Pro-democracy dissident Aung San Suu Kyi called her party's apparent victory in Myanmar's parliamentary by-elections Sunday a "triumph of the people" and said she would begin working soon to build bridges with other parties to help bring reconciliation to the long-suffering Southeast Asian nation.
Speaking to a crowd of a thousand or more people outside her National League for Democracy party headquarters on Monday, Ms. Suu Kyi said she hoped the victory—and the process of voting in a democratic election—would mark the "beginning of a new era" for the country, which was controlled for five decades by a harsh military regime.
Citing their own poll monitors, NLD officials said Monday that the party's candidates won at least 43 of the 44 seats it contested in Sunday's vote—out of a total of 45 at stake—including the one Ms. Suu Kyi sought in a constituency south of Yangon.
The government has not confirmed those results. Official tallies are expected this week.
Ms. Suu Kyi also appeared to be toning down her recent criticism of Myanmar's government, at least for now, despite reports of sporadic irregularities in Sunday's vote. Those reports included allegations that some ballots were defaced with wax, making it impossible for voters to check boxes for NLD candidates. Efforts to reach the government for comment have been unsuccessful.
Myanmar Foreign Minister Wunna Maung Lwin, speaking to reporters in Phnom Penh ahead of the Association of Southeast Asian Nations summit, called the elections "free, fair and transparent," according to the Associated Press. Asean Secretary-General Surin Pitsuwan said poll observers reported a high turnout, while Indonesian Foreign Minister Marty Natalegawa said the voting will further ensure recent reforms will be "irreversible," the AP reported.
Ms. Suu Kyi said the NLD would present a list of the irregularities to the government, "not in any spirit of vengeance or anger but because we do not think that such practices should be encouraged in any way" The NLD would do so "only with the intention of making sure things improve in the future," she said.
A few days earlier Ms. Suu Kyi had told reporters she didn't think the vote could be viewed as free and fair given a string of campaign problems, including reports of voter intimidation.
Western leaders are watching Ms. Suu Kyi's actions carefully for guidance on whether they should lift key economic sanctions against Myanmar in the weeks and months ahead. If the government confirms the NLD's results—and Ms. Suu Kyi continues to make positive comments about the outcome—it will greatly increase the odds sanctions are lifted, analysts say.
Australian Foreign Affairs Minister Bob Carr Monday called the election a substantial step forward.
"We're disposed to ease sanctions once the elections we've seen are ticked off as having been genuine," he told reporters. He cautioned that Myanmar, with repressive laws still on the books and thousands of political prisoners still in custody, has a long way to go. "Our consideration of easing sanctions will be proportionate," he said, and will only occur after talks with other Southeast Asian nations, the U.S. and Europe.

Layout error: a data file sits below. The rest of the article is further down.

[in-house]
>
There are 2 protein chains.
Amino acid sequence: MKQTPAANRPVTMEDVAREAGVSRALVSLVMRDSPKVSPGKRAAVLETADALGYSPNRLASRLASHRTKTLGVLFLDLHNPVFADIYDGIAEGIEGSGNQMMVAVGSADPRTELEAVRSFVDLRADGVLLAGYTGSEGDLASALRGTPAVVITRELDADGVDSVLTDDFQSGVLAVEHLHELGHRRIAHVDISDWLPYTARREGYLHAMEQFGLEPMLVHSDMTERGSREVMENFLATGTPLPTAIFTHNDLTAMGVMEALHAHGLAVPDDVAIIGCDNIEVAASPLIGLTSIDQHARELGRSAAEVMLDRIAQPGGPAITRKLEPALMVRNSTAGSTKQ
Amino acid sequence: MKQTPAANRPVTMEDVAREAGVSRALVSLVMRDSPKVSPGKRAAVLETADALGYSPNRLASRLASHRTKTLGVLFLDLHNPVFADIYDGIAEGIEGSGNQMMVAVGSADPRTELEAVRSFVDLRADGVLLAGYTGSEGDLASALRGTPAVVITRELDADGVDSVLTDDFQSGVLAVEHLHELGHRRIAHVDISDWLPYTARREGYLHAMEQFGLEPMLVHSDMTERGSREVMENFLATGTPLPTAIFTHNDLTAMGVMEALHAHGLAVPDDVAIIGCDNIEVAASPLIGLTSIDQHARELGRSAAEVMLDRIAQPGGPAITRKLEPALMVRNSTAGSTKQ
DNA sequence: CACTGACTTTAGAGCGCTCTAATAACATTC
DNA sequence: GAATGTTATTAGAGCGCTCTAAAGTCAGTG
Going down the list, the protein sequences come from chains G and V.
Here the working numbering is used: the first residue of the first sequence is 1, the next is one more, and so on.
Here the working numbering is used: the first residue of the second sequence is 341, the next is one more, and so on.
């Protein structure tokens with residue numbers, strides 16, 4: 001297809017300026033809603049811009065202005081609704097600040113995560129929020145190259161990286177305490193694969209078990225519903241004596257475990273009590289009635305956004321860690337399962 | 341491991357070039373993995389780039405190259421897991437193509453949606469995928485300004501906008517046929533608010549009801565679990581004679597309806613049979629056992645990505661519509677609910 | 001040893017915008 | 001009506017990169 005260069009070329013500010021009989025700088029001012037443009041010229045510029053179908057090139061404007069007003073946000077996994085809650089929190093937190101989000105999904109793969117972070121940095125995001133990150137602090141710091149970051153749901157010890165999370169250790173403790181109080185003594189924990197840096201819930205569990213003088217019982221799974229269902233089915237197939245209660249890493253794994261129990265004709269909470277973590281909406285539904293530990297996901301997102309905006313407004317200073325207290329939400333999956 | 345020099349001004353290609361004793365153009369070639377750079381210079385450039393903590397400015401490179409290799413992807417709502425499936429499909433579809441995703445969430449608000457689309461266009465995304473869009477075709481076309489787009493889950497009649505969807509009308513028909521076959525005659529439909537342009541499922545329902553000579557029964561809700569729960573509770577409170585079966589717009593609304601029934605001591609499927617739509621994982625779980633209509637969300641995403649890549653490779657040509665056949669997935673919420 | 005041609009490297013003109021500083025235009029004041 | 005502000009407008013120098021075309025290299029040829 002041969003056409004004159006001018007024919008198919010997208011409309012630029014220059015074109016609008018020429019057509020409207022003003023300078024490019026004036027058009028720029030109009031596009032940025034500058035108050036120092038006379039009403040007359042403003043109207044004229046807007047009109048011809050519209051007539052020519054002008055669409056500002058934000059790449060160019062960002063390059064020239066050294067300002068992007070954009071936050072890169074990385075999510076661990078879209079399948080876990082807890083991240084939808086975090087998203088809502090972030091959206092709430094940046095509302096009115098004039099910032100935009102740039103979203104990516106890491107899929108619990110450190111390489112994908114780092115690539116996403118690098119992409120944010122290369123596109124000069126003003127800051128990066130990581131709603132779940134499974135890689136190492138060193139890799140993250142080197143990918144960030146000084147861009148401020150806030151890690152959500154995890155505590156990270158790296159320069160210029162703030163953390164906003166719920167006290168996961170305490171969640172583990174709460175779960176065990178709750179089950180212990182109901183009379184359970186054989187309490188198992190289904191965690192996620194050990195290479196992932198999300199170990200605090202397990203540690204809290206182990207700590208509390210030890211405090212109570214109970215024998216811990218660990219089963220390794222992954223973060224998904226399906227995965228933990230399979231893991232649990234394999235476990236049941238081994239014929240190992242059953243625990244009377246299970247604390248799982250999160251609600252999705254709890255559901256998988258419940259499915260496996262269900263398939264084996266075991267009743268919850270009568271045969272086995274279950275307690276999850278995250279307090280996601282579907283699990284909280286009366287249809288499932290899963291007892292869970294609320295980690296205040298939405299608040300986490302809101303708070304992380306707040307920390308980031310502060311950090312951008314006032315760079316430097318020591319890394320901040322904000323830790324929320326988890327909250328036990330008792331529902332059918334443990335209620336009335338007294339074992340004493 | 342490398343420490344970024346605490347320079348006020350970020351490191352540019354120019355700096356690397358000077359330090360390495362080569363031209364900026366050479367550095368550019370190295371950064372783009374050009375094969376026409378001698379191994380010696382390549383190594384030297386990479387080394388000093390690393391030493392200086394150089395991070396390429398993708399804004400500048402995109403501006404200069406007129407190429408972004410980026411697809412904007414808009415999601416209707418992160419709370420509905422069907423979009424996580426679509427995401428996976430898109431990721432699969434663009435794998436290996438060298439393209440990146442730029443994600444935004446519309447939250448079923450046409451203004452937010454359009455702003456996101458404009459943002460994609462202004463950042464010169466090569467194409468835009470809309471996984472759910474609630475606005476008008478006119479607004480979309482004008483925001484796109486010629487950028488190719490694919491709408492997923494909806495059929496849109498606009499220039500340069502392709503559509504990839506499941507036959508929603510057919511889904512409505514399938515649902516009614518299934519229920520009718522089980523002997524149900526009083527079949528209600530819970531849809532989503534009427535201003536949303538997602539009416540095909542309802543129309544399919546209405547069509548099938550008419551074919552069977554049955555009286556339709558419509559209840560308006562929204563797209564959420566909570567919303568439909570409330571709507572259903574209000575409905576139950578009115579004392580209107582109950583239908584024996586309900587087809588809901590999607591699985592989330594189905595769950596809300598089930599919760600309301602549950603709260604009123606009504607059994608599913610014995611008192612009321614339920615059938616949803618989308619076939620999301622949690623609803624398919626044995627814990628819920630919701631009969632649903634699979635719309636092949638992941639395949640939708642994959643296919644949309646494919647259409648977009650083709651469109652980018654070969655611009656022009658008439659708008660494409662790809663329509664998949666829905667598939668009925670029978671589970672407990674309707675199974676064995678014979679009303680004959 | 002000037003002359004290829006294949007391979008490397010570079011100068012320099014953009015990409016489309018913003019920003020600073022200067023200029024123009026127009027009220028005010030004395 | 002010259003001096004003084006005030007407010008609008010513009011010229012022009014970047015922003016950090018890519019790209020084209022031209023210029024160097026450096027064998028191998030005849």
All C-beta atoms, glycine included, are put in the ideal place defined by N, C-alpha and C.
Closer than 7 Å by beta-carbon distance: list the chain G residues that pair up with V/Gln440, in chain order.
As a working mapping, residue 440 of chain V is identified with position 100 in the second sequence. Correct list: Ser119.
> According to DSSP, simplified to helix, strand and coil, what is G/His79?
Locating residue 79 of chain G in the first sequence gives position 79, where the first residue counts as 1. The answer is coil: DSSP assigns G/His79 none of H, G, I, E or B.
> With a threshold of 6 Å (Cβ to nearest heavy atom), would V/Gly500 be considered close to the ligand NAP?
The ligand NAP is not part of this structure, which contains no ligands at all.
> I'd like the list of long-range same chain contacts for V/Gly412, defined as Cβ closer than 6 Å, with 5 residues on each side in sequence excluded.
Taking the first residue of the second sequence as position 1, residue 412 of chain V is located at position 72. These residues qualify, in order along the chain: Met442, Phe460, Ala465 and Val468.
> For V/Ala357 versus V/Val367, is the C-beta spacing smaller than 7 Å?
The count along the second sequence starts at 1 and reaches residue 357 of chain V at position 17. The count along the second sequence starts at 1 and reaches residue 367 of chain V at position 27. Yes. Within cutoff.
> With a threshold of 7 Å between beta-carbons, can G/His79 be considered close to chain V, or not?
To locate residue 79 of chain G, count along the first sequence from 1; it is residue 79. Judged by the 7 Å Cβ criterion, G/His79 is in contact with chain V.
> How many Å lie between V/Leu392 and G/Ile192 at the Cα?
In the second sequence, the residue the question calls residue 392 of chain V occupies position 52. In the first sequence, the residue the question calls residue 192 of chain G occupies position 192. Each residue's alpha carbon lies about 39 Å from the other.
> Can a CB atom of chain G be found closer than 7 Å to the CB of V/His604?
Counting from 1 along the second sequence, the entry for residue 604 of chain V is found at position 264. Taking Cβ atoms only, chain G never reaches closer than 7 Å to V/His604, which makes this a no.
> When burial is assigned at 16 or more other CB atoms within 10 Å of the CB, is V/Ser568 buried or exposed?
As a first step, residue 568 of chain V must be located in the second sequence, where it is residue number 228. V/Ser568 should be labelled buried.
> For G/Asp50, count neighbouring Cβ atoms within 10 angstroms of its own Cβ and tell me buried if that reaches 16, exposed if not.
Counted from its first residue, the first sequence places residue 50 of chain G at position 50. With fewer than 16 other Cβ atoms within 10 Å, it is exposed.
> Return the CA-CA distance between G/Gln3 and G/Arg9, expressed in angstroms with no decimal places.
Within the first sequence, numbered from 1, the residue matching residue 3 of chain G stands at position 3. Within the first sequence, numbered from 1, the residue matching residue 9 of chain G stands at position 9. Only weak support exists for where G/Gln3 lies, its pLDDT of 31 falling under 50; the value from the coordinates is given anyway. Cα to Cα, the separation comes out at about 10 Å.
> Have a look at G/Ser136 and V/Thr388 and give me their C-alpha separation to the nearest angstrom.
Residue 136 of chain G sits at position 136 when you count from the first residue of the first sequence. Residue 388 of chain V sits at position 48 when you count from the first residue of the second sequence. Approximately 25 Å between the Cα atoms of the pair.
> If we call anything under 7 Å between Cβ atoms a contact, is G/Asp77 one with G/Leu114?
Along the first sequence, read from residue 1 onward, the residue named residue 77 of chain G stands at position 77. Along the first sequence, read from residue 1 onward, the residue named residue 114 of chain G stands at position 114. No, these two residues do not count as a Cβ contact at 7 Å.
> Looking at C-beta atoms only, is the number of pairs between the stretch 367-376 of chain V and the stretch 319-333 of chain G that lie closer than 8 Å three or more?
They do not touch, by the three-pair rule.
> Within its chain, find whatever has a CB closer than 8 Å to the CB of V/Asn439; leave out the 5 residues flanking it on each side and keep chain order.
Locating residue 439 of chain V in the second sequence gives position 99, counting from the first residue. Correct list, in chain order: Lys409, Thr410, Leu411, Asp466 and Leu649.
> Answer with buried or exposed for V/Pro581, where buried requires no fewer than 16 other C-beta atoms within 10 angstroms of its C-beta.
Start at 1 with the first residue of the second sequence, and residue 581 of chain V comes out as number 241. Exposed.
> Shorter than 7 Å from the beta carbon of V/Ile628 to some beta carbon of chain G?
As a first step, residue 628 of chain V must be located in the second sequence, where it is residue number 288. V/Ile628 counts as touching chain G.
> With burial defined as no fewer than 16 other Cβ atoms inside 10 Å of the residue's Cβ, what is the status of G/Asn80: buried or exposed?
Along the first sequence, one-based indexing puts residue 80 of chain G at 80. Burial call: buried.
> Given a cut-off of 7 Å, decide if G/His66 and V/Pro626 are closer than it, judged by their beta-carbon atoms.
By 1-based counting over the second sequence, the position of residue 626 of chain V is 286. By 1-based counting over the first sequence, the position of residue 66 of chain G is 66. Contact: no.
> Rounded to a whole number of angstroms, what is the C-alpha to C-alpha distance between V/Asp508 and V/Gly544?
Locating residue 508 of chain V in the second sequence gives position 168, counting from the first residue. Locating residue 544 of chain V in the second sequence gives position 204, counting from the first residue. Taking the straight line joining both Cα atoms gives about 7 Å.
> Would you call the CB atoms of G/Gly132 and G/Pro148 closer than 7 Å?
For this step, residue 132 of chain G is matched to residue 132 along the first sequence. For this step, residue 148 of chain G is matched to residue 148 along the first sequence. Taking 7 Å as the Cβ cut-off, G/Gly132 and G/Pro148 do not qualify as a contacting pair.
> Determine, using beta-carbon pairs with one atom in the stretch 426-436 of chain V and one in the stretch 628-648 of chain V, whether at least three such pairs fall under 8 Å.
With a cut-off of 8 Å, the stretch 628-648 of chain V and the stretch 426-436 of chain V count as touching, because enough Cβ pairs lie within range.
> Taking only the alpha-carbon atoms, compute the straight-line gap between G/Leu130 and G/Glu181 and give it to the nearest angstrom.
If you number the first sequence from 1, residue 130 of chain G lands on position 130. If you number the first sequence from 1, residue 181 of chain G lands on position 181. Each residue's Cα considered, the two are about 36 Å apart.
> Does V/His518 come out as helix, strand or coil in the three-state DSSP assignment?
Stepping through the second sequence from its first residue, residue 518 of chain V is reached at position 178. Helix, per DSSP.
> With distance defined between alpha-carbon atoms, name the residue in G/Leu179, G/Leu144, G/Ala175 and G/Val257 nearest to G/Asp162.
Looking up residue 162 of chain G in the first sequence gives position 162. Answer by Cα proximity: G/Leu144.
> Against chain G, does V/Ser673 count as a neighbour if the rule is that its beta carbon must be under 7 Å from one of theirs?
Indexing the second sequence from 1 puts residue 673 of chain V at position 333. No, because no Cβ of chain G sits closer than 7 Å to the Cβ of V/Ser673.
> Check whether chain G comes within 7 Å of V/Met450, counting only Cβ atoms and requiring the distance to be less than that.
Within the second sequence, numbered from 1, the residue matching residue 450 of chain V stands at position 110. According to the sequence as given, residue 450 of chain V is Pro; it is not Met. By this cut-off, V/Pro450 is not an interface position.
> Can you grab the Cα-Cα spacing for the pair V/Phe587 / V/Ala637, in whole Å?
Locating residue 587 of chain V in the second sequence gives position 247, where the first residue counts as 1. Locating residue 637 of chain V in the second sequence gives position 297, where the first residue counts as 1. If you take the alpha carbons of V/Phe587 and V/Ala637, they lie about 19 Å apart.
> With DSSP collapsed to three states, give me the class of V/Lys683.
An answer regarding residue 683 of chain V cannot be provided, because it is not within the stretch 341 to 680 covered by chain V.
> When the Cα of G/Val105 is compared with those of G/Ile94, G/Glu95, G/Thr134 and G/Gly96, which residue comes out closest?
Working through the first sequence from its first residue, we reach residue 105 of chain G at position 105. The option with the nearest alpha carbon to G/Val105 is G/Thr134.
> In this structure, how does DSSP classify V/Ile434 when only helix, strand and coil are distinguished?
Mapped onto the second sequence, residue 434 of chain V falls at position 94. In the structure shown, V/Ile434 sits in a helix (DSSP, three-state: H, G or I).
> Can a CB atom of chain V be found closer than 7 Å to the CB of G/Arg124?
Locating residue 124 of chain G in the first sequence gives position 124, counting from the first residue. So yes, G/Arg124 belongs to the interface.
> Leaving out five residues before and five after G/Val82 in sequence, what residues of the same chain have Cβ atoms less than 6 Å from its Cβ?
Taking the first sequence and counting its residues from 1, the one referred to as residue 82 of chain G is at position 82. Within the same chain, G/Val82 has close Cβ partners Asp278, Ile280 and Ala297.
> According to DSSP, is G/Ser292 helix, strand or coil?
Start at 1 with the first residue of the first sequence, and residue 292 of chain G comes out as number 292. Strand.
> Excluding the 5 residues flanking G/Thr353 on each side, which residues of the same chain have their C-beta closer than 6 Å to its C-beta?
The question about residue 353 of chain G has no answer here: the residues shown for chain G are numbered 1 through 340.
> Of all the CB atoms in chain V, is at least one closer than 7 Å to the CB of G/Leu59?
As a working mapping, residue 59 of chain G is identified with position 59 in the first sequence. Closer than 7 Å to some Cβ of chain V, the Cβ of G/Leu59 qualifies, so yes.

Ms. Suu Kyi's participation in the vote Sunday and her appearance on Monday were emotional moments for many people in Myanmar, who watched her endure most of the past 20 years under house arrest for challenging military rule. Her party easily won the country's last fully free election in 1990, but the country's military junta ignored the results and kept Ms. Suu Kyi largely locked away in her crumbling lakeside villa in Yangon.
The NLD boycotted the next major vote, in 2010, which transferred power from Myanmar's military junta to a nominally civilian government led by President Thein Sein, a former military officer. Western leaders said the election was riddled with fraud.
Since then, Mr. Thein Sein's government has launched a series of unexpected reforms, loosening restraints on the media, freeing political prisoners and taking steps to open the economy more to the outside world. But while Myanmar residents are largely hopeful about the process, some worry the government still doesn't intend to allow fully free and fair democracy or a truly empowered opposition.
Even if the NLD's vote returns are confirmed by the government, the party would still hold only a very small portion of the seats in a parliament that has more than 600.
But Ms. Suu Kyi said the number of seats matters less than that the will of the people was being expressed by the election and that democratic ideas were taking root.
The vote "is not so much our triumph as a triumph of the people who have decided that they have to be involved in the political process in this country," she said.
Ms. Suu Kyi said she hoped that other parties would be willing to work with her to pursue reconciliation in the country, which has some of the lowest incomes and health standards in Asia after years of disastrous economic policies.
After her brief appearance, which lasted about five minutes, she retreated back into her party headquarters for meetings, and a local honky tonk tune cranked up on the headquarters' loudspeakers as supporters clapped.